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The Cubs' losing streak has become science fiction's go-to check on reality

The Cubs' losing streak has become science fiction's go-to check on reality

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The Chicago Cubs are in the World Series for the first time in decades. The team’s losing streak is legendary: it hasn’t won the title since 1908, and last made it to the Series in 1945. It’s a drought that has become so ingrained in culture that it’s held up as an enduring yardstick for the idea that there are just some things will always stay the same, even far into the future.

The losing streak is supposedly due to a curse placed on the team in 1945, which author Jim Butcher adapts in his 2011 Dresden Files short story "Curses." In it, a pair of mythological Welsh figures level the curse on the Cubs when they’re not permitted to watch the game.

That’s not the only time that the Cubs has figured into speculative fiction. The team has popped up in a handful of books and movies over the years. The losing streak has become such a predictable thing that it’s assumed that it will never, ever be broken, which makes it the perfect continuity benchmark for science fiction. How can you tell which world or timeline is correct? Check and see if the Cubs have won. If they have, you’re probably in the wrong place.

One of the most notable examples of the Cubs’ losing streak was also the most optimistic for their prospects: in Back to the Future II, Marty McFly notices a holographic headline that announces that the Cubs have swept the World Series in 2015.

Another example comes from Andy Weir’s bestselling novel The Martian, which also picks up the Cubs as a reference point. In the novel, Mark Watney is stranded on Mars, keeping a diary of entries as he fights to survive. His entry for his eleventh day on the planet is short:

I wonder how the Cubs are doing.

When asked about the line, Weir noted that he wasn’t a Cubs fan, but that he included the reference to the team because "I just thought that would be just the thing to make Mark’s pathetic situation even more pathetic." Not only is Watney stranded, but his favorite team can’t even make the World Series.

The dig also made it into one of the film adaptation’s promotional videos, where the Chicago-born Mark Watney asks the Cubs to hold off on winning a world title until he’s back:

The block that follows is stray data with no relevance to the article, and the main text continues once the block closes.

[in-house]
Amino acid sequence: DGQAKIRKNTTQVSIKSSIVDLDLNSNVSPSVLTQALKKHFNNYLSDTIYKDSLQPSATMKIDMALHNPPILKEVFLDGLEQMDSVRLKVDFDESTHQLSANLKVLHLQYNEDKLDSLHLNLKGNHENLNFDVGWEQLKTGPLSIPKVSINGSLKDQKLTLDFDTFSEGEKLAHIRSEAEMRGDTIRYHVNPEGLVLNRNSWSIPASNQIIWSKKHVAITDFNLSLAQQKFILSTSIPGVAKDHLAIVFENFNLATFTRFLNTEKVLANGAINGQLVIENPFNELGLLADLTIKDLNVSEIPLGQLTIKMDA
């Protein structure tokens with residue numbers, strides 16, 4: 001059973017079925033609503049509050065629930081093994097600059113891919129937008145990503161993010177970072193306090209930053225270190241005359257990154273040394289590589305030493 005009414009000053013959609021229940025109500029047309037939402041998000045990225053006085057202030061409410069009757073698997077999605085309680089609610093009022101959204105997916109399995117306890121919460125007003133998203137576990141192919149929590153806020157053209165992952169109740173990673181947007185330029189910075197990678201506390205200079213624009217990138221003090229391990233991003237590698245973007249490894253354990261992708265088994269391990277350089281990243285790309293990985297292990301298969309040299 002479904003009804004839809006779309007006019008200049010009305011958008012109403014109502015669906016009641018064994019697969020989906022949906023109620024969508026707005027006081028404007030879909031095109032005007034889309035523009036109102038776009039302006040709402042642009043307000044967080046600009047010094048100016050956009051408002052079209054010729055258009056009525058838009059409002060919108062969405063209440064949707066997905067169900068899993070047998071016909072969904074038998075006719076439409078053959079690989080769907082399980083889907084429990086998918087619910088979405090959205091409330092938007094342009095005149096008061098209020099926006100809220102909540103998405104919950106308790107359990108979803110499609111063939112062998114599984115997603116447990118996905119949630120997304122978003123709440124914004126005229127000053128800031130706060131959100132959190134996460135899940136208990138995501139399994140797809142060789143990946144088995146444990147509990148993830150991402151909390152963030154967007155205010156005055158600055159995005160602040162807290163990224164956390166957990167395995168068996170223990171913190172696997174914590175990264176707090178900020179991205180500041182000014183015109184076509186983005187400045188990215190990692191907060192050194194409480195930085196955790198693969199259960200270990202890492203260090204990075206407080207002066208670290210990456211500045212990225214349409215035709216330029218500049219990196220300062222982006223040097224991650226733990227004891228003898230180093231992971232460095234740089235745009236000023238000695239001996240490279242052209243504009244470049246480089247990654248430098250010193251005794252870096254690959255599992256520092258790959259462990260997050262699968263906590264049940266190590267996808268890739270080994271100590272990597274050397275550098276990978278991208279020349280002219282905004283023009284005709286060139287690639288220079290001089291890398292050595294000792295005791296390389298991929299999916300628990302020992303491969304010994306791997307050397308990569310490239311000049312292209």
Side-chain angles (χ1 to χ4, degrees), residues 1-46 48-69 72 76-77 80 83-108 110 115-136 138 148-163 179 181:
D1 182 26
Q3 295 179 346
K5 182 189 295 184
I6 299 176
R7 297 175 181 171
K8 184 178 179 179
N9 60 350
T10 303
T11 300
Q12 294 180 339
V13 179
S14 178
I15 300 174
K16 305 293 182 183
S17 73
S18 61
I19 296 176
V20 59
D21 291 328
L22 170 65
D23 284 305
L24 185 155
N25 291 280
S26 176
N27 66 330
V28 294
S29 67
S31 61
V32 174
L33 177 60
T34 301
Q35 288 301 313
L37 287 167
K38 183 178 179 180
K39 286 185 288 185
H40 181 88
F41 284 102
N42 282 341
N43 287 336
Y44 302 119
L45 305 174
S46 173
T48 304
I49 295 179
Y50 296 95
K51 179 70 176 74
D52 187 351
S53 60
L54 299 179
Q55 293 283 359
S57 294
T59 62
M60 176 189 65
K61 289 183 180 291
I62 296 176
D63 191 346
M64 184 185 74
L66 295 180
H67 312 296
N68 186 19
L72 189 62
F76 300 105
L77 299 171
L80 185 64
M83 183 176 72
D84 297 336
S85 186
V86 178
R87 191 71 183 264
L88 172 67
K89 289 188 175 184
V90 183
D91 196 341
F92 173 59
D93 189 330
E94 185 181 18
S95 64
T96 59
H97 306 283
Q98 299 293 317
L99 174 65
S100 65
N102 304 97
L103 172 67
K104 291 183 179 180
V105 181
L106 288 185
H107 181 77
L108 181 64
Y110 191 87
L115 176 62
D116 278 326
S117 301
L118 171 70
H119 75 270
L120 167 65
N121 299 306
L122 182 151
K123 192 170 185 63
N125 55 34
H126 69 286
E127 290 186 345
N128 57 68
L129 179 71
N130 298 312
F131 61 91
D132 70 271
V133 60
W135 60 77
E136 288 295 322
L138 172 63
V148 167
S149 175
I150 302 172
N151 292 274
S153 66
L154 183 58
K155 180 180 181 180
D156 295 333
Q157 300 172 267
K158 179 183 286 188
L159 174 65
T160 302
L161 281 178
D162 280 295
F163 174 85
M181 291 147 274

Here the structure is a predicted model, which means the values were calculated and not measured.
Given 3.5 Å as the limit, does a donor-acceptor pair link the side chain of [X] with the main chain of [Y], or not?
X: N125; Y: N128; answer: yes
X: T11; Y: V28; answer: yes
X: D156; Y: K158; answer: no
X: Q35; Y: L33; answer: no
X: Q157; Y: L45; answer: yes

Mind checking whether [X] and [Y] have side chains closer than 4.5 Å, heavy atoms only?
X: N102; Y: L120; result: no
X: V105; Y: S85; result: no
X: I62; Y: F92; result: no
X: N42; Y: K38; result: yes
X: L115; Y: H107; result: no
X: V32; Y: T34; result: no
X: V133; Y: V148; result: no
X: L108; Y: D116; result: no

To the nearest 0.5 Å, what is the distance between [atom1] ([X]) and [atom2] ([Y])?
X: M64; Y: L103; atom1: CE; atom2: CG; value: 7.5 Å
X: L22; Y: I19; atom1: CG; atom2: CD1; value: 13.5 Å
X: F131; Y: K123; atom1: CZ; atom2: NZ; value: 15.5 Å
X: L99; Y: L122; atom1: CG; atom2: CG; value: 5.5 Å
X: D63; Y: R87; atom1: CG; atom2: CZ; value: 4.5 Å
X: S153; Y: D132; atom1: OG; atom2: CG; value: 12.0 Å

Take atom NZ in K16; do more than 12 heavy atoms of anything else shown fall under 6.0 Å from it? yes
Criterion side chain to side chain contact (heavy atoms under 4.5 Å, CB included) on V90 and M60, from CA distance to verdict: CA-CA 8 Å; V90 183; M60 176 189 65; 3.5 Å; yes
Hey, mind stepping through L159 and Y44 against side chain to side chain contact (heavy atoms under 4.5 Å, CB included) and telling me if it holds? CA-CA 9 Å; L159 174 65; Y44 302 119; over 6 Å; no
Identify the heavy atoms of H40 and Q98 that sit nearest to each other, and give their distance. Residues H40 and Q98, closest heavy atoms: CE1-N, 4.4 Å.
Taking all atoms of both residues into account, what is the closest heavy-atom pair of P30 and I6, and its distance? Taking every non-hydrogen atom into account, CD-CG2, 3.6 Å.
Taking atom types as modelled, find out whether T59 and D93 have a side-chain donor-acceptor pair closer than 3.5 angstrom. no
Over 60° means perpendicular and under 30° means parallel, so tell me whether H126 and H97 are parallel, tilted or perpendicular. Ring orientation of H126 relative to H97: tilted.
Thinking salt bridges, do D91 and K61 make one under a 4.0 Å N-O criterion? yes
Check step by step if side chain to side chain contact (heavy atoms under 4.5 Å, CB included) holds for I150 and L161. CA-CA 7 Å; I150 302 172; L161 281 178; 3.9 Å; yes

Given that The Martian takes place in 2035, it’s clear that Weir isn’t exactly holding his breathe for a Cubs win anytime in the near future, and recently poked some fun at the situation in a Facebook post:

According to the marketing material for "The Martian", today is Mark Watney's 22nd birthday. And his favorite team, the Cubs, advanced to the NLCS last night. Good times for Mark... for now...

Posted by Andy Weir on Wednesday, October 12, 2016

Some authors are even more cynical about the prospects of a Cubs win. John Scalzi works the Cubs into his novel The Human Division, where the team becomes a pivotal plot point. In the fifth chapter, "Tales from the Clarke," one character, Wilson, begins to suspect that the passengers they just picked up are, he takes his suspicions to his superiors, outlining the team’s centuries-long losing streak.

"It means," Wilson said, "that there’s no possible way a Cubs fan who has been on Earth anytime in the last two years would fail to tell any baseball fan that the Cubs won the Series. And when I identified myself as a Cards fan, Tiege’s first reaction should have been to rub the Cubbies victory in my face. It’s simply impossible.

Later in the chapter, the team and the situation is used to unveil the duplicity of their passengers:

"The Cubs won the Series two years ago, Marlon," Wilson said.

"What?" Tiege said.

"Swept the Yankees in four. Final game of the Series, the Cubs hurler pitched a perfect game. Cubs won a hundred and one games on the way to the playoffs. The Cubbies are world champions, Marlon. Just thought you should know."

Coloma watched Marlon Tiege’s face and noted that the man’s physiognomy was not well suited to showing two emotions at once: utter joy at the news about the Cubs, and complete dismay that he’d been caught in a lie.

Scalzi noted in an interview in 2013 that the team has an obligation to keep up their losing streak:

"We need to have a team that has the courage and fortitude not to win, to be the people who are an example of striving and reaching and going and failing, but still continuing to do it."

These handful of examples appear to each come from the same place: that the idea that the Cubs can win is so unrealistic that it’s like science fiction. Up to this point, the team’s misfortunes are the longest-running in professional baseball, making it easy to assume that this streak will never end.

Update: Well, the Cubs won the series! It looks like this means that science fiction will have to move to another standard for gauging reality: the Cleveland Indians.